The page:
ASPINA Develops Autonomous Mobile Robot for Manufacturing Plants

Shinano Kenshi unit ASPINA says its AMRs are more agile, flexible, and user-friendly than automated guided vehicles.


ASPINA's autonomous mobile robot is designed to serve manufacturing needs.

Numerous vendors have designed and offered mobile robots for warehouse use, but several are starting to offer them to factories. ASPINA Inc. last week announced that it has developed an autonomous mobile robot, or AMR, to save labor transporting materials in manufacturing plants.

Founded in 1918, Shinano Kenshi Co. rebranded itself as ASPINA in 2019. The Nagano, Japan-based company develops and produces motors and modules for industries such as industrial equipment, home appliances, housing, automobiles, and healthcare. It said it is constantly refining its products to be more compact, lightweight, and quiet.

ASPINA, whose U.S. headquarters are in Culver City, Calif., added that it works closely with customers to solve problems. Its slogan is “Engineered to inspire.”

AGVs versus AMRs

While many companies are considering adding or expanding automation for intralogistics and to reduce costs, there are differences between automated guided vehicles (AGVs) and AMRs, noted ASPINA. AGVs are often cheaper, but they can take too much time for trials and setup, it said.

In addition, AGVs require more infrastructure for navigation, and they may not be nimble enough for site requirements, ASPINA said. While warehouses can support fully automated processes, factories often change their layouts, it said.

Workers and transport equipment may coexist in a limited space, and “safety is of utmost importance,” said ASPINA. The company said its AMR hardware is designed for manufacturing sites, and its user interface is designed for usability.

ASPINA applies manufacturing expertise

Drawing from its own manufacturing experiences of the past 100 years, ASPINA said it has developed its AMR to be easily integrated for use on the plant floor. The robot includes automatic mapping for fast implementation, autonomous driving features, and safe maneuvering around human workers and other equipment, claimed the company.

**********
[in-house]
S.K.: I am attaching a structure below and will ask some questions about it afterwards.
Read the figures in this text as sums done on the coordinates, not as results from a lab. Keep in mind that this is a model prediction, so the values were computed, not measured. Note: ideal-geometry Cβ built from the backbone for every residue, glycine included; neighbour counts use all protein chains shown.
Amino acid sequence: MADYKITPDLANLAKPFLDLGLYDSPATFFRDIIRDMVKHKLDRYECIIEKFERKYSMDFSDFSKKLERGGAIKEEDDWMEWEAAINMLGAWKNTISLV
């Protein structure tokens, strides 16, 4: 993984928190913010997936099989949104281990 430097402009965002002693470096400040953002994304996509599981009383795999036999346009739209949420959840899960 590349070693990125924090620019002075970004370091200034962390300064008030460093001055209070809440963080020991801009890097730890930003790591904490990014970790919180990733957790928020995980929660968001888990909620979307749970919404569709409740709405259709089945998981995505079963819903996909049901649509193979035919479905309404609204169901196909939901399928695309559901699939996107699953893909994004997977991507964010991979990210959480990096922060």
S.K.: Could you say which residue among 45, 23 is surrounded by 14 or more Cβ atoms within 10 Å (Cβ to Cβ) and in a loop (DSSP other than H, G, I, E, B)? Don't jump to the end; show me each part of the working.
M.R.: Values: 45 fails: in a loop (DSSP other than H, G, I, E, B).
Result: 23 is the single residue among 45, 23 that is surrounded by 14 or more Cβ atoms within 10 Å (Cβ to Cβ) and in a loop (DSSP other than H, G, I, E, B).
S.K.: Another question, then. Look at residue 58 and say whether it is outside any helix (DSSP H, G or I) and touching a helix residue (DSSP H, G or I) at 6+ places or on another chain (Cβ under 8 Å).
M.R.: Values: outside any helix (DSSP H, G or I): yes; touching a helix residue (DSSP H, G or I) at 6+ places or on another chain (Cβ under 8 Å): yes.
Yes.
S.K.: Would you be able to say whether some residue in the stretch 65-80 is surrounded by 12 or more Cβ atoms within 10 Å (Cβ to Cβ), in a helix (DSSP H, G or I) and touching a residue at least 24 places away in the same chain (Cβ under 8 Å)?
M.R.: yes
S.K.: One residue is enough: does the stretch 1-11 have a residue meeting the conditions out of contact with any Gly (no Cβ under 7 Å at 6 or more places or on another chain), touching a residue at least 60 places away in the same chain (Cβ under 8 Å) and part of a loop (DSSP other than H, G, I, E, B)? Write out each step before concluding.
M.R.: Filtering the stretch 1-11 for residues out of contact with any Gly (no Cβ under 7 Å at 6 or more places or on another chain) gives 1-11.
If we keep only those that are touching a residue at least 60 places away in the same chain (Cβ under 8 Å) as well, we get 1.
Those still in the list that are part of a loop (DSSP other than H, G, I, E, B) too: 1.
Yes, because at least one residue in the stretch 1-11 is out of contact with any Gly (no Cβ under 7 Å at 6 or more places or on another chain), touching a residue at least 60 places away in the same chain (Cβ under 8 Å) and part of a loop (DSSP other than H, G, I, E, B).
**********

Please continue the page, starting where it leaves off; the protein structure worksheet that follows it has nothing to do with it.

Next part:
ASPINA said its AMR uses simultaneous localization and mapping (SLAM) and can automatically map a factory, providing “seamless integration for first-time use.” It can quickly and easily enter narrow passageways and can operate in existing facilities, the company said.

In addition, ASPINA said its new robot can be easily synched with other equipment in a facility, such as automatic doors.

AMRs offer easy deployment, flexibility, and scalability

In the manufacturing industry, operations such as the delivery of parts to the production line and the transport of finished products always occur. However, in many cases, they are recorded as indirect expenses and are not included in product estimates, said ASPINA. By automating transportation, the company said it can save labor, reduce costs, and improve productivity and profits.

AMRs allow manufacturers to introduce complex and non-static stations to existing production lines. ASPINA said its AMR can easily maneuver among changing environments without the need for reprogramming or mapping new paths.

ASPINA plans to promote its new robot on a trial basis with a limited number of units starting this month. The company said it will work with customers to understand their needs, plan for how AMRs will be used in a facility, and build its products to order.

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ASPINA's autonomous mobile robot is designed to serve manufacturing needs.

Robot Technologies